Dir: Chris Baugh (15, 89 mins)
Vampires get a new bloody twist in this gory comedy horror which, though tonally suspect, delivers. Peaky Blinders’ Jack Rowan plays Eugene, an apparent slacker in the sleepy Irish town of Six Mile Hill, where Dracula author Bram Stoker may have stopped for a pint himself and drawn inspiration for his novel from the local legend of Abhartach, a legendary Irish vampire who is supposedly buried there. A pile of stones – a cairn – mark his resting place, which thanks to a proposed bypass are about to be disturbed.
Naturally once this disturbance occurs, odd bloody things start happening. Soon, Eugene and his no-nonsense Dad (Nigel O’Neill) are forced to work together to combat the menace, along with best mates played by Fra Fee, Louisa Harland and Michael Hough. The cairn is destroyed, yet rebuilds mysteriously overnight; its sharp stones draw blood, and that blood is sucked into the ground as Abhartach reawakens.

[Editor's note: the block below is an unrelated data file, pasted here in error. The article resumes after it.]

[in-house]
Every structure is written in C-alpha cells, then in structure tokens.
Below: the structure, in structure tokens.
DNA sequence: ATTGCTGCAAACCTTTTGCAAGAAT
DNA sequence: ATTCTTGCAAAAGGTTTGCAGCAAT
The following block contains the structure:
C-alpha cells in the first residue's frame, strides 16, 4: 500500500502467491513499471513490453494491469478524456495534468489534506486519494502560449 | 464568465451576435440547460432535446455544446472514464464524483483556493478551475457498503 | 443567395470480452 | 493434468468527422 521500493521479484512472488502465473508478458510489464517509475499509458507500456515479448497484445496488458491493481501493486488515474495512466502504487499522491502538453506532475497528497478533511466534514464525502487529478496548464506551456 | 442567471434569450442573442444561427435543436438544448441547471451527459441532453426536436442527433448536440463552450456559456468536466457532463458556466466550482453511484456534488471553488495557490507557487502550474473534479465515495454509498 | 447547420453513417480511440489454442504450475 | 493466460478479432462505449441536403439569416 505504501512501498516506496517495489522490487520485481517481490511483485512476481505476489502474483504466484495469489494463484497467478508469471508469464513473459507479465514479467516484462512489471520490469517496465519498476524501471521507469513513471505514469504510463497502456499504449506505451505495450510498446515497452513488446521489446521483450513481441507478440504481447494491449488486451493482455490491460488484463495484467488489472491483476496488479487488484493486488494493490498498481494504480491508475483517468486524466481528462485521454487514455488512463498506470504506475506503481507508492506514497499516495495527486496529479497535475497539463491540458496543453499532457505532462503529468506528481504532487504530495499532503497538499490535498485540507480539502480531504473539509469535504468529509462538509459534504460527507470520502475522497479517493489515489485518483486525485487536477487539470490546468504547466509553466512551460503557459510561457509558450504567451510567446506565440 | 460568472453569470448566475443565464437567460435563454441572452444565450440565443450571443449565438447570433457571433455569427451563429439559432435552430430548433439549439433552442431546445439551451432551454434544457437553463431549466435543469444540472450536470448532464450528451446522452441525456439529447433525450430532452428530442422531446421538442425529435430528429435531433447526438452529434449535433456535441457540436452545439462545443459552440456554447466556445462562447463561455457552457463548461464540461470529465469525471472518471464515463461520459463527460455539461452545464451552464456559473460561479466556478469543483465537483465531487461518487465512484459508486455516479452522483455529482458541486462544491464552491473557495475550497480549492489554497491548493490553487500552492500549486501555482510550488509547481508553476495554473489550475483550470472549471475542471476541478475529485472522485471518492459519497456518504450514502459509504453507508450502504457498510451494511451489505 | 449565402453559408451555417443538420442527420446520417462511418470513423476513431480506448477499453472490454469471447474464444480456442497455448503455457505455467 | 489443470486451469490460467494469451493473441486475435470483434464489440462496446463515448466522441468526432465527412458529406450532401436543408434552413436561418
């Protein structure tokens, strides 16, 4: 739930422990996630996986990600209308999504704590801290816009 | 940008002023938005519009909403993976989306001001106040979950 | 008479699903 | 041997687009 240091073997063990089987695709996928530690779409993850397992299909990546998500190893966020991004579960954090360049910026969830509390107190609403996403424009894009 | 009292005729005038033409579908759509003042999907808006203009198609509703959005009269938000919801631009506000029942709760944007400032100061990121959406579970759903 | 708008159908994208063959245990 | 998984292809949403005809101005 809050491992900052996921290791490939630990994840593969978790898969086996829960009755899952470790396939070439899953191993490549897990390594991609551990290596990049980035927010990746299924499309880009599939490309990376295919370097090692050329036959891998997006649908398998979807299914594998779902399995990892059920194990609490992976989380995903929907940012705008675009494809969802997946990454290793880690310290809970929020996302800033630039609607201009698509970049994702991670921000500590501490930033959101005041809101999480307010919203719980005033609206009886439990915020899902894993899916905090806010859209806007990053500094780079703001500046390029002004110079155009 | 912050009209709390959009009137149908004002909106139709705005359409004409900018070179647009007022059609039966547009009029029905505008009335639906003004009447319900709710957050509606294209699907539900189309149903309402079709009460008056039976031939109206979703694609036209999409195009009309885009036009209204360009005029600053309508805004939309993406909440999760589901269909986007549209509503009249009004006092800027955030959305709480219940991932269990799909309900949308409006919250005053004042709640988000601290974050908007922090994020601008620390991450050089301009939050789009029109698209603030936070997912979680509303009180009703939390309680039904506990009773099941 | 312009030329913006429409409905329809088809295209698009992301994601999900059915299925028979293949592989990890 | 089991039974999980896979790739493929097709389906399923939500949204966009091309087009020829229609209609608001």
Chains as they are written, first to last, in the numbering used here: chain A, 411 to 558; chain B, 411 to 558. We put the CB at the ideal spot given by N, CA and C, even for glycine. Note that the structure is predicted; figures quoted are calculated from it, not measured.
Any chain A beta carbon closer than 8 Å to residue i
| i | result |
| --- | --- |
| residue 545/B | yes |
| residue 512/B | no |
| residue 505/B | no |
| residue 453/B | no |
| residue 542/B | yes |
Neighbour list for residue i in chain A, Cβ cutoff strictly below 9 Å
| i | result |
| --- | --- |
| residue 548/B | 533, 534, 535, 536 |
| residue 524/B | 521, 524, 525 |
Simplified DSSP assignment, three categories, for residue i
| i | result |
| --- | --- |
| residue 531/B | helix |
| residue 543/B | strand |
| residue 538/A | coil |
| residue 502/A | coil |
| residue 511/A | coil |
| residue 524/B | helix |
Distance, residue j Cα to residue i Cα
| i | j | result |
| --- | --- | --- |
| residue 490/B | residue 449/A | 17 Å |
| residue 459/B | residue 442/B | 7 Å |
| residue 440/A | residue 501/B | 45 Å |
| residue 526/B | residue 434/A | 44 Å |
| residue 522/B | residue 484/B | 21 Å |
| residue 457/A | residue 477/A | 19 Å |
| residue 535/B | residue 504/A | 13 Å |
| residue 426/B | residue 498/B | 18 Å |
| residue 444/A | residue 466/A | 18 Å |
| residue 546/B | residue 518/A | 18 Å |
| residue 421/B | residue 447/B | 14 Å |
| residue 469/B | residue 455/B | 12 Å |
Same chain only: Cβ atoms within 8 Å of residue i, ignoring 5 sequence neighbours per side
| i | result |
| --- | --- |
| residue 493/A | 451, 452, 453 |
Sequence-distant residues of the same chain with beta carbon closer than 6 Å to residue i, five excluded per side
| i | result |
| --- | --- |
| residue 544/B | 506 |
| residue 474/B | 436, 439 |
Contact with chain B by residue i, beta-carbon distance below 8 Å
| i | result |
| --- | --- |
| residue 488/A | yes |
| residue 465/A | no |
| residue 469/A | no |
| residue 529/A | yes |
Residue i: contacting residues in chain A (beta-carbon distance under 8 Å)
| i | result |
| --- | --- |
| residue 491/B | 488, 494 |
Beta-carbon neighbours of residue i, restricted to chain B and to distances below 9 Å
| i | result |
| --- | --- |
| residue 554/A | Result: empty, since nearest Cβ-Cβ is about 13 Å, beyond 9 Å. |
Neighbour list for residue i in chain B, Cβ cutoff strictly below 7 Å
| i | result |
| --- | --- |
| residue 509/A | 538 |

Shot through with foul-mouthed comedy, Boys From County Hell remains a grittily nasty frightfest too. John Lynch is especially good at balancing out humour and horror as a father who has to take on a massive burden and spoil the ‘good room’ in his house. The vampire is impressively disgusting, and bloody images of the townsfolk being literally drained of their blood from various orifices are inventively grotesque. Ronan holds the centre well as the put-upon, reluctant hero, though shifts from one-liner to tragedy occasionally jar. Another impressive Irish horror romp, however, after the likes of The Hallow and The Hole In The Ground, with a dash of Shaun Of The Dead’s Pegg/Frost comedy dynamic.
Released in cinemas on Fri 6 Aug
words KEIRON SELF